Blogging with Parkinson's

A personal perspective on Young Onset Parkinson's

To Basingstoke, and Back, on Foot!


You may be asking yourself why anyone would choose to walk to Basingstoke and back (you may be asking yourself why anyone would go to Basingstoke at all; it’s a valid question). Well, it just so happens that the closest edge of Basingstoke is almost exactly 10 km away, via footpath, over the North Downs. So, it makes a perfectly reasonable practice walk for 20 km over the South Downs. Plus, I wanted to buy some broccoli, and there is a farm shop on that edge that I mentioned.

Muddy Boots after today’s walk

I left my husband in charge of the children and set off. It rained very nearly all morning, and the ground was very muddy. Most of the landscape photographs that I took were dull and gloomy, but I did get to see plenty of wildlife, including a deer (I think it may have been a roe), pheasants, hares (I didn’t notice any rabbits), red kites and alpaca. Oh, OK, the alpaca weren’t wild. In fact, they seemed very nosey as I walked through their field; it’s just that I thought it quite unusual to see so very many of the Andean camelids in the Hampshire countryside (there were lots of them, in multiple fields).

My husband sent me a text suggesting that he and the children meet me for lunch. I was a bit later than he expected – I’d made an unfortunate decision to go the long way around one of the country estates that seem to ring Basingstoke – so he picked me up just before I reached the farm shop (but after I’d reached the road it’s on).

White Barrow, near Basingstoke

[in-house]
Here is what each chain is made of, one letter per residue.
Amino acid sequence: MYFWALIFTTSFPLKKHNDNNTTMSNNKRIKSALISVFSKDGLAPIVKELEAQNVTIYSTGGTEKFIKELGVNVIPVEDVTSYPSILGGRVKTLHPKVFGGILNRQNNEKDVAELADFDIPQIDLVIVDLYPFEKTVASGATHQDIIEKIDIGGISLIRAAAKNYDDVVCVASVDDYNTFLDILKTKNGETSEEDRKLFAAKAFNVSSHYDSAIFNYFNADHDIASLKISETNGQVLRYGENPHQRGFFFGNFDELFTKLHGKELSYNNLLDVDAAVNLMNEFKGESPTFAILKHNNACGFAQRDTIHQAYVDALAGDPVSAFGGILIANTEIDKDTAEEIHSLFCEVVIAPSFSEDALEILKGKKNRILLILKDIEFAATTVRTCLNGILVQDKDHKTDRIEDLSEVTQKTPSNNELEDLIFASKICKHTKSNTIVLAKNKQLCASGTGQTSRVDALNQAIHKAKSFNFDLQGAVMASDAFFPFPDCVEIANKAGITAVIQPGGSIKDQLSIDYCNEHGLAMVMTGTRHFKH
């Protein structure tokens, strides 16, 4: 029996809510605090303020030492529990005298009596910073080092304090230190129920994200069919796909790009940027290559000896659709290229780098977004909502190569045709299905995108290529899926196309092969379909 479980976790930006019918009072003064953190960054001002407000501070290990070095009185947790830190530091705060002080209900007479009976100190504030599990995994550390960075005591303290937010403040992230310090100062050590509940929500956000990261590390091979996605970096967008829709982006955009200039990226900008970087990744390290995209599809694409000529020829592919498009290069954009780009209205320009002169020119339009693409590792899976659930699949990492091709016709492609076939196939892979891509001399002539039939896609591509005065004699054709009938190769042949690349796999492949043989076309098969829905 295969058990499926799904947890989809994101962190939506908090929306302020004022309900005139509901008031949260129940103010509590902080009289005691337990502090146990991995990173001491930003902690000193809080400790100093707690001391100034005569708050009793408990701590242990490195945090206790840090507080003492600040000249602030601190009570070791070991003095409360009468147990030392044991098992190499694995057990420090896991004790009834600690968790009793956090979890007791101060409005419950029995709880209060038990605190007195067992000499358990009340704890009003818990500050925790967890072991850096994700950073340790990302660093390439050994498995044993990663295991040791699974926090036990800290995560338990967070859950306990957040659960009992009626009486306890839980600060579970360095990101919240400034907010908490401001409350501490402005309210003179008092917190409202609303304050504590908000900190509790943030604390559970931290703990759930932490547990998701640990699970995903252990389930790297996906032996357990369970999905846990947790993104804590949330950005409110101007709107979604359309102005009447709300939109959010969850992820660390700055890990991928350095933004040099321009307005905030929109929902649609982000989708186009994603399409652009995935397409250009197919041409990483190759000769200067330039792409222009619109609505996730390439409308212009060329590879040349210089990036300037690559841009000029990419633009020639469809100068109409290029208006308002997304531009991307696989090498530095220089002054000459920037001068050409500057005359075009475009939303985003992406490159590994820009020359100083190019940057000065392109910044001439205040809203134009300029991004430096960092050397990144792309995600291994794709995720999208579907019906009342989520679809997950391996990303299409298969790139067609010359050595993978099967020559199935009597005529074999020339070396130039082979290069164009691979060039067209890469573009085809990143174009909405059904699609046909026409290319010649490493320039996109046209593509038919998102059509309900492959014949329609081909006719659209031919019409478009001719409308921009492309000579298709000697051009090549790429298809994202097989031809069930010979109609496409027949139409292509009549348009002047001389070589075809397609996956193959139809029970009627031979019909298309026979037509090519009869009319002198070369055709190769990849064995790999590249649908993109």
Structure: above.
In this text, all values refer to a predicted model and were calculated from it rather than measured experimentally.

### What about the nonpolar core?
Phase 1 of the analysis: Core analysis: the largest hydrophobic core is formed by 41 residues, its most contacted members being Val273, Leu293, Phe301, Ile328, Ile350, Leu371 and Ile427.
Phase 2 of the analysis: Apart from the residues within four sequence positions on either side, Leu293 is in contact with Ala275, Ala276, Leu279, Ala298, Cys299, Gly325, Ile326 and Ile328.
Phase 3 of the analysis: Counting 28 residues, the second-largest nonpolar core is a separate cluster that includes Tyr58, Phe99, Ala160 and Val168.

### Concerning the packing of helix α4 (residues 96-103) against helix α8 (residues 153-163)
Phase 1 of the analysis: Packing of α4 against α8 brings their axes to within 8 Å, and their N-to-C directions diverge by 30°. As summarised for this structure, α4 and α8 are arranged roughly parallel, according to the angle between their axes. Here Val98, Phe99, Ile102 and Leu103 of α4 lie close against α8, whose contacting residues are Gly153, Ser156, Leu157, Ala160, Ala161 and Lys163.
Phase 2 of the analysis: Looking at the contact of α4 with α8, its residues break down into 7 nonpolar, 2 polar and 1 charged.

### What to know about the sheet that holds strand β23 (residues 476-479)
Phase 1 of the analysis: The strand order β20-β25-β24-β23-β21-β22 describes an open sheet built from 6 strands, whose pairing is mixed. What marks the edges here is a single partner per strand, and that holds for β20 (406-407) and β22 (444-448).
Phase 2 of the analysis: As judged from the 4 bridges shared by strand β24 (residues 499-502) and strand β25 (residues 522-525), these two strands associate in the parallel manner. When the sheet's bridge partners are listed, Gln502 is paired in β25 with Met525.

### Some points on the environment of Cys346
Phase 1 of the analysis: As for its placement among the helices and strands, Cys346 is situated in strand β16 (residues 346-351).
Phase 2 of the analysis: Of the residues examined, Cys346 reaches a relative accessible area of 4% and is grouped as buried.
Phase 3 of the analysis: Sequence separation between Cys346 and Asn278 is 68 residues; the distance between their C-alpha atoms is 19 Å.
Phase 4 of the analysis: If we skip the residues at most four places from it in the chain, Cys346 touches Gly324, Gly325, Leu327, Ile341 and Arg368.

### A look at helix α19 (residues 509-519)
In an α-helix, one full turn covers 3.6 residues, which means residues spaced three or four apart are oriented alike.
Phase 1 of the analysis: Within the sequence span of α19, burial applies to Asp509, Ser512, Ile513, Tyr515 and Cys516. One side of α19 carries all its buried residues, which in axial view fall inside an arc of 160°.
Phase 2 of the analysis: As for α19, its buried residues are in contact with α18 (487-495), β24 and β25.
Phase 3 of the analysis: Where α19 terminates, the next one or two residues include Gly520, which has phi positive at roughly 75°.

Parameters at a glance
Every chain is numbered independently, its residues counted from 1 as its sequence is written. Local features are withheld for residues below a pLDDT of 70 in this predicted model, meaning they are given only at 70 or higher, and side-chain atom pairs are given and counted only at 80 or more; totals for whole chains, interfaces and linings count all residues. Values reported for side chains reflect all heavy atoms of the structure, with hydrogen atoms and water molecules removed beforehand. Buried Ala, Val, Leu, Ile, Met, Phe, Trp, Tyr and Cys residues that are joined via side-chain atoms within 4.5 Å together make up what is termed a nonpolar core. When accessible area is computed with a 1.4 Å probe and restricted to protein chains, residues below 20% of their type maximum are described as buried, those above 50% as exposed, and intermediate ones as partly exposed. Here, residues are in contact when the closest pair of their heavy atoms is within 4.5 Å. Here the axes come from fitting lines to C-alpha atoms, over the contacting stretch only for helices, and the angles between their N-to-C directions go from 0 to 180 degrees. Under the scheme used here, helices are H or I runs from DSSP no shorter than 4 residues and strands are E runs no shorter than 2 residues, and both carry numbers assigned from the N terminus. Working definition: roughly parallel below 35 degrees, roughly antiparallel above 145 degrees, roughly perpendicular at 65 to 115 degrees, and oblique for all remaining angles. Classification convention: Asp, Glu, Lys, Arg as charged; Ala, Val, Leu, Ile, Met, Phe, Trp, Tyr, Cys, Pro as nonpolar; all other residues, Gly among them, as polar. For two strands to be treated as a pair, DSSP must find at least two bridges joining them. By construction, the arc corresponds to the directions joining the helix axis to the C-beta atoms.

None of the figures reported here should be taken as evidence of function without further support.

Lunch with small children is never a quick affair, and it was nearly 3 o’clock before I set off again. Unfortunately, the farm shop doesn’t open on bank holidays, so I didn’t get to buy my broccoli. This disappointment was offset by the appearance of the sun, and I decided to divert to see something that was marked as “White Barrow” on the map. There it was: a large, wooded lump in the middle of a field of rapeseed (there is a lot of that about at the moment). I followed the tractor tracks to get closer, but, as there was no access without forcing my way through the crop, I made do with a few photographs.

I took a different route on the way home and, despite my concern that something had gone horribly wrong and that I wasn’t as good at map-reading as I thought I was (it hadn’t and I might be reasonably good), all went well. Apart from having to call my husband to ask him to feed the children because – of course – it took more than 2 hours to get home. In fact, it took about 3.5 hours, largely because I didn’t choose the shortest route. Again.

I haven’t measure today’s walk on the map yet, but I’m certain that it was over 20 km.

All set for next weekend, then.

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One last photograph:


4 thoughts on “To Basingstoke, and Back, on Foot!

  1. do you still need some broccoli !?

  2. that is very commendable, even the thought of walking that far is making me want to go back to bed at the moment. Don’t wear yourself out before next weekend!

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